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Protecting Application Secrets

Almost every application uses application secrets. These are often values that you use to connect to other services, like a connection string to Azure Storage, or an API key to connect with a 3rd party API. Where do you store these secrets securely? And how can you make sure that the right people can configure these secrets? (like DevOps engineers). You shouldn't store secrets in your application code, because every developer would be able to see them. You could store your secrets in the application configuration of your app, like in the configuration settings of your Azure Function. This works, but requires DevOps engineers to go into the configuration settings of all individual services to update a setting if the value changes.

A better place to store application secrets is in Azure Key Vault. This is an Azure service that allows you to store secrets, keys and certificates in a single place and retrieve them from your applications. Many services in Azure can connect to Azure Key Vault out-of-the-box. In this post, we'll explore how to retrieve a secret from Azure Key Vault from an Azure Function.


If you want to follow along, you'll need the following:

  • Visual Studio 2019 with the Azure workload selected or VS Code with the Azure Function and C# Extensions installed
  • An Azure subscription (If you don't have an Azure subscription, create a free account before you begin)

Use Azure Function to retrieve a secret from Azure Key Vault

We are going to create a simple Azure Function that reads a secret value from Azure Key Vault. To connect to Azure Key Vault, we'll use the built-in Managed Service Identity. Using this, we can easily connect to Azure Key Vault, without storing an API Key for Azure Key Vault in our Azure Function. I'm going to create the Azure Function with Visual Studio, but you can also create it with VS Code or whatever other tool that you prefer.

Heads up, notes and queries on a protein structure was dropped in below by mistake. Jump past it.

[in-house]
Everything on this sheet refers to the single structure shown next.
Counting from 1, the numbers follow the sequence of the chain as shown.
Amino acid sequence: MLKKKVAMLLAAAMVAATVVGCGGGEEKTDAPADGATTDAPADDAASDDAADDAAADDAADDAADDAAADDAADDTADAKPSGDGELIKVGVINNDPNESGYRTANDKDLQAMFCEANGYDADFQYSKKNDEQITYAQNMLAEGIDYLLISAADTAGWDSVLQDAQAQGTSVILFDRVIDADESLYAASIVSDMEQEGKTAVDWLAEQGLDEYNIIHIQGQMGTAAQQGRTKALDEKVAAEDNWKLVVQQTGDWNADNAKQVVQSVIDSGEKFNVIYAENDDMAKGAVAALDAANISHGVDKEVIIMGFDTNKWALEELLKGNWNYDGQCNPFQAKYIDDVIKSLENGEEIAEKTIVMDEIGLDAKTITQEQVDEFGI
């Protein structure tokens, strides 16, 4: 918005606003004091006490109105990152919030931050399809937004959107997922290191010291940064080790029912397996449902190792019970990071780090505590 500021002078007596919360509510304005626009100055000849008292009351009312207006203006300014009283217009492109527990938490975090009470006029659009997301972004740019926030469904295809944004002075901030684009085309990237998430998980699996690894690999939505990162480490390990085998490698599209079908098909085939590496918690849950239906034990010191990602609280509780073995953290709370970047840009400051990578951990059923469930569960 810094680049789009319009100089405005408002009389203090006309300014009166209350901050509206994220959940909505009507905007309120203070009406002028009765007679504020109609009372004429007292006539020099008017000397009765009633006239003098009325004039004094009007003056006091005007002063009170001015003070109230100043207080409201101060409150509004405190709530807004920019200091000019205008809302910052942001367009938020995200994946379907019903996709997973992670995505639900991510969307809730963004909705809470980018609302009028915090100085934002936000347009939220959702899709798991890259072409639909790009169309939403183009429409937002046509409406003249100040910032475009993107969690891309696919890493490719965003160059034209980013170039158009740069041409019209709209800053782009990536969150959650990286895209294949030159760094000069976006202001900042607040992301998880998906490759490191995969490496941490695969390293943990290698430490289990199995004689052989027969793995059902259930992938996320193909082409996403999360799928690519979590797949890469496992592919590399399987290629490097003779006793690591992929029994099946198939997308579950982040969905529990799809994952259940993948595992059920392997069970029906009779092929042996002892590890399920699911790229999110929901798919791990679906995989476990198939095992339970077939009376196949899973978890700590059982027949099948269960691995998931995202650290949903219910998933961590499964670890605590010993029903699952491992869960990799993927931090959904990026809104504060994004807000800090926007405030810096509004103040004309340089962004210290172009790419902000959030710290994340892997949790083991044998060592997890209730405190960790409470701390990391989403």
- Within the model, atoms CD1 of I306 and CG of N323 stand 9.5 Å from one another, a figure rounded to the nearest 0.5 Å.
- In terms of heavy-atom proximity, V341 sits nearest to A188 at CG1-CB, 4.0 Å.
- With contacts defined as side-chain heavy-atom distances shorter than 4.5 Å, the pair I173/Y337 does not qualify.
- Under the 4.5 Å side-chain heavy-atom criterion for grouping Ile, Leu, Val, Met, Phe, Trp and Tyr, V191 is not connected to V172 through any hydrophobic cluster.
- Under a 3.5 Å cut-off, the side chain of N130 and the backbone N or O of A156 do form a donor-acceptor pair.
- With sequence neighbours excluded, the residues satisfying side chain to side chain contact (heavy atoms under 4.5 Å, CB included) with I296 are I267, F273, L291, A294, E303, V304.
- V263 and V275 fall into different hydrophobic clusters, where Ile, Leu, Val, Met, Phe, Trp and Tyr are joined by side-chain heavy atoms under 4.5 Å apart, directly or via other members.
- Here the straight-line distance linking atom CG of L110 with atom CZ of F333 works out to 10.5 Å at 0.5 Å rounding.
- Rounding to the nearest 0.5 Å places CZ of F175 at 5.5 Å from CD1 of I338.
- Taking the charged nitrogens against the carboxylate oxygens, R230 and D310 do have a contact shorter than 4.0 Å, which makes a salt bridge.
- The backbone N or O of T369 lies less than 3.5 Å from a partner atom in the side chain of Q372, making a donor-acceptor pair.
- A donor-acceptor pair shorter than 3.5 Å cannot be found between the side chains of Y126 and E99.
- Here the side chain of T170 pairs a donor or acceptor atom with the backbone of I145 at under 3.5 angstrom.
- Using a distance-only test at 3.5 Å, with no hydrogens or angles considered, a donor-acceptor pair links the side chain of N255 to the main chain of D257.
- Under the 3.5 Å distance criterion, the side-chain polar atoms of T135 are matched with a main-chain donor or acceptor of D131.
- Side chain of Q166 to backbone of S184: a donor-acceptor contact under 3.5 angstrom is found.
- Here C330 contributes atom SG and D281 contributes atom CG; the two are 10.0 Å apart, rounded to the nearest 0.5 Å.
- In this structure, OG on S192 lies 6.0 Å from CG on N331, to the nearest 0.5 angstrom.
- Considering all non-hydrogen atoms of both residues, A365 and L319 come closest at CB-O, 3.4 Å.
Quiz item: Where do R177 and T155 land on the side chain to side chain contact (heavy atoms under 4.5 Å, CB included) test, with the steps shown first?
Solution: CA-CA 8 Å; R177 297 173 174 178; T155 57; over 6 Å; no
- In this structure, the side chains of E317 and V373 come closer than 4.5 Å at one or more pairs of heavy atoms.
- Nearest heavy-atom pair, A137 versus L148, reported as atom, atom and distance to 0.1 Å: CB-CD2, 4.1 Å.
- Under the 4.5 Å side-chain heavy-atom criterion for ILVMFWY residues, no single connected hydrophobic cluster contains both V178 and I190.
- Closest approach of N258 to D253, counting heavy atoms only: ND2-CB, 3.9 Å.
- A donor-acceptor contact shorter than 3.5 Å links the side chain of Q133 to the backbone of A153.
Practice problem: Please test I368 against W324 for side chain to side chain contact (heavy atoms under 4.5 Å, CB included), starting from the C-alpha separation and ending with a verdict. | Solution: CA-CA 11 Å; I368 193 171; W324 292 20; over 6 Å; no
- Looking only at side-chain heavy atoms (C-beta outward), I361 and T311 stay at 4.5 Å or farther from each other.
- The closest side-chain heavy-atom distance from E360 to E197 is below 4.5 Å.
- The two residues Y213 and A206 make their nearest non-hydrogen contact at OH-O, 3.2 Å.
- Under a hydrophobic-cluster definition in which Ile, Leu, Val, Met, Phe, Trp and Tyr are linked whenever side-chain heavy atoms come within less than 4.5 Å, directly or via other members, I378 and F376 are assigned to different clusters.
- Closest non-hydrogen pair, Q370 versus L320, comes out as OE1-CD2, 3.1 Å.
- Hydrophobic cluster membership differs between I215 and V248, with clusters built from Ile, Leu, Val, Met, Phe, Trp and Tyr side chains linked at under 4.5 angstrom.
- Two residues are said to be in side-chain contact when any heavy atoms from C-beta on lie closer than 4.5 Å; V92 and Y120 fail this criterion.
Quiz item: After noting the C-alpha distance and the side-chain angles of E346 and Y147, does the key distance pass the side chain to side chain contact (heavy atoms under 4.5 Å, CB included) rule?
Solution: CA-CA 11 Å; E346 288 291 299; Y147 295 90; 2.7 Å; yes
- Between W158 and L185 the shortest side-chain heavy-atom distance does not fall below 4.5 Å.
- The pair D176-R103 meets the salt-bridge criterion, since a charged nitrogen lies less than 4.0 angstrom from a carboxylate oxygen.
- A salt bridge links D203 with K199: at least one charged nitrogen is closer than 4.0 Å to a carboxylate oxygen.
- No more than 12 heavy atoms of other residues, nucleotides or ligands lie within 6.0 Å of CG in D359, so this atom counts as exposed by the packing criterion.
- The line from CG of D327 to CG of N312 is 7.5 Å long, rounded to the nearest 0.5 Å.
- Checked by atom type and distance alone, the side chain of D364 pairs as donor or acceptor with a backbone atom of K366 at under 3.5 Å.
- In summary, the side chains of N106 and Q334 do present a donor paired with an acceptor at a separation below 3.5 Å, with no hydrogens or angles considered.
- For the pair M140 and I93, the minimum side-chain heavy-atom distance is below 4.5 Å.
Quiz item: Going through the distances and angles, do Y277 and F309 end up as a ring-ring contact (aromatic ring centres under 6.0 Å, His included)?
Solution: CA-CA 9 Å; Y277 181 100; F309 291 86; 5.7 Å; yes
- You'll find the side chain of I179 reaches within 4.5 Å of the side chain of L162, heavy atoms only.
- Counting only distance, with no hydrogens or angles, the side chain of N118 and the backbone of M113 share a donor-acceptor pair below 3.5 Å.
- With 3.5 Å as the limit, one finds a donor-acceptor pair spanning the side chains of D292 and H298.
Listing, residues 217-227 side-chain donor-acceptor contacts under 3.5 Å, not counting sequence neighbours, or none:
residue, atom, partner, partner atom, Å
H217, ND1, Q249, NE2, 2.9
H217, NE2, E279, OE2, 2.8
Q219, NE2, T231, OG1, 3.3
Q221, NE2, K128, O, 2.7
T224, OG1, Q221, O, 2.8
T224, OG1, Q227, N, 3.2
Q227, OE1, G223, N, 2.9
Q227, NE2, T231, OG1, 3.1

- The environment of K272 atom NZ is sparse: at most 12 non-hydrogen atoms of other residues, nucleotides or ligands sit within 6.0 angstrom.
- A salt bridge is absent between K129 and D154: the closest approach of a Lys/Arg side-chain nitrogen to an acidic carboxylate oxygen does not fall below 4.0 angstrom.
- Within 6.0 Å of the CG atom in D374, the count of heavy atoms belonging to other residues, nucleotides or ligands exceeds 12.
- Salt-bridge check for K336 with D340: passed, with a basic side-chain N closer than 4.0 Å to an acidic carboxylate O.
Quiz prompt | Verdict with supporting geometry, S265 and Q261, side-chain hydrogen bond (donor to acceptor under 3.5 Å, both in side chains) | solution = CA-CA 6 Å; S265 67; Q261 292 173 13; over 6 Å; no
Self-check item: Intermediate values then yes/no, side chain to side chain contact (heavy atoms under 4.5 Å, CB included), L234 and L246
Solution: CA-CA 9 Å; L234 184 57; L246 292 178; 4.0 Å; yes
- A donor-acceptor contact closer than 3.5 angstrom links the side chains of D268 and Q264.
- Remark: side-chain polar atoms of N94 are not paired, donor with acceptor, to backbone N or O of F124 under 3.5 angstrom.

1. Create the Azure Function

  1. Open Visual Studio 2019
  2. Select Create a new project
  3. Select Azure Functions (C#) and click Next
  4. Pick a name and location for the Function and click Create
  5. Now select Http trigger for the Function Type and select Anonymous for the Authorization level. This enables us to test the Function easily
  6. Click Create to create the Azure Function

We'll keep the Function very simple. In the function, we will add a few lines of code that will read the secret from the Azure Function configuration and display the value in the log. Add the following code:

    var config = new ConfigurationBuilder()

    var secret = config["MySecret"];

    log.LogInformation($"MySecret:{secret ?? "null"}");

Also add the following using statement:

using Microsoft.Extensions.Configuration;

Now we publish the Function to Azure and create a new Azure Function in the process:

  1. In Visual Studio, right-click on the project file and select Publish
  2. In the Pick a publish target window, select Azure Functions Consumption Plan and Create New and click Create Profile
  3. Leave the information that has been filled out as it is or change it where you want. Click Create to create the Azure Function in Azure
  4. When the Function is created, you are returned to the Publish window. Click Publish to publish the code to the Function in Azure

That's it. The Function is now running in Azure.

2. Create a Managed Service Identity for the Azure Function

We need to create an Azure Managed Service Identity for the Azure Function. This will enable the Function to connect to Azure Key Vault easily.

  1. Go to the Azure portal
  2. Navigate to the Azure Function that we've just created
  3. Click on the Platform features tab
  4. Now click on Identity
  5. In System assigned, change the status to On and click Save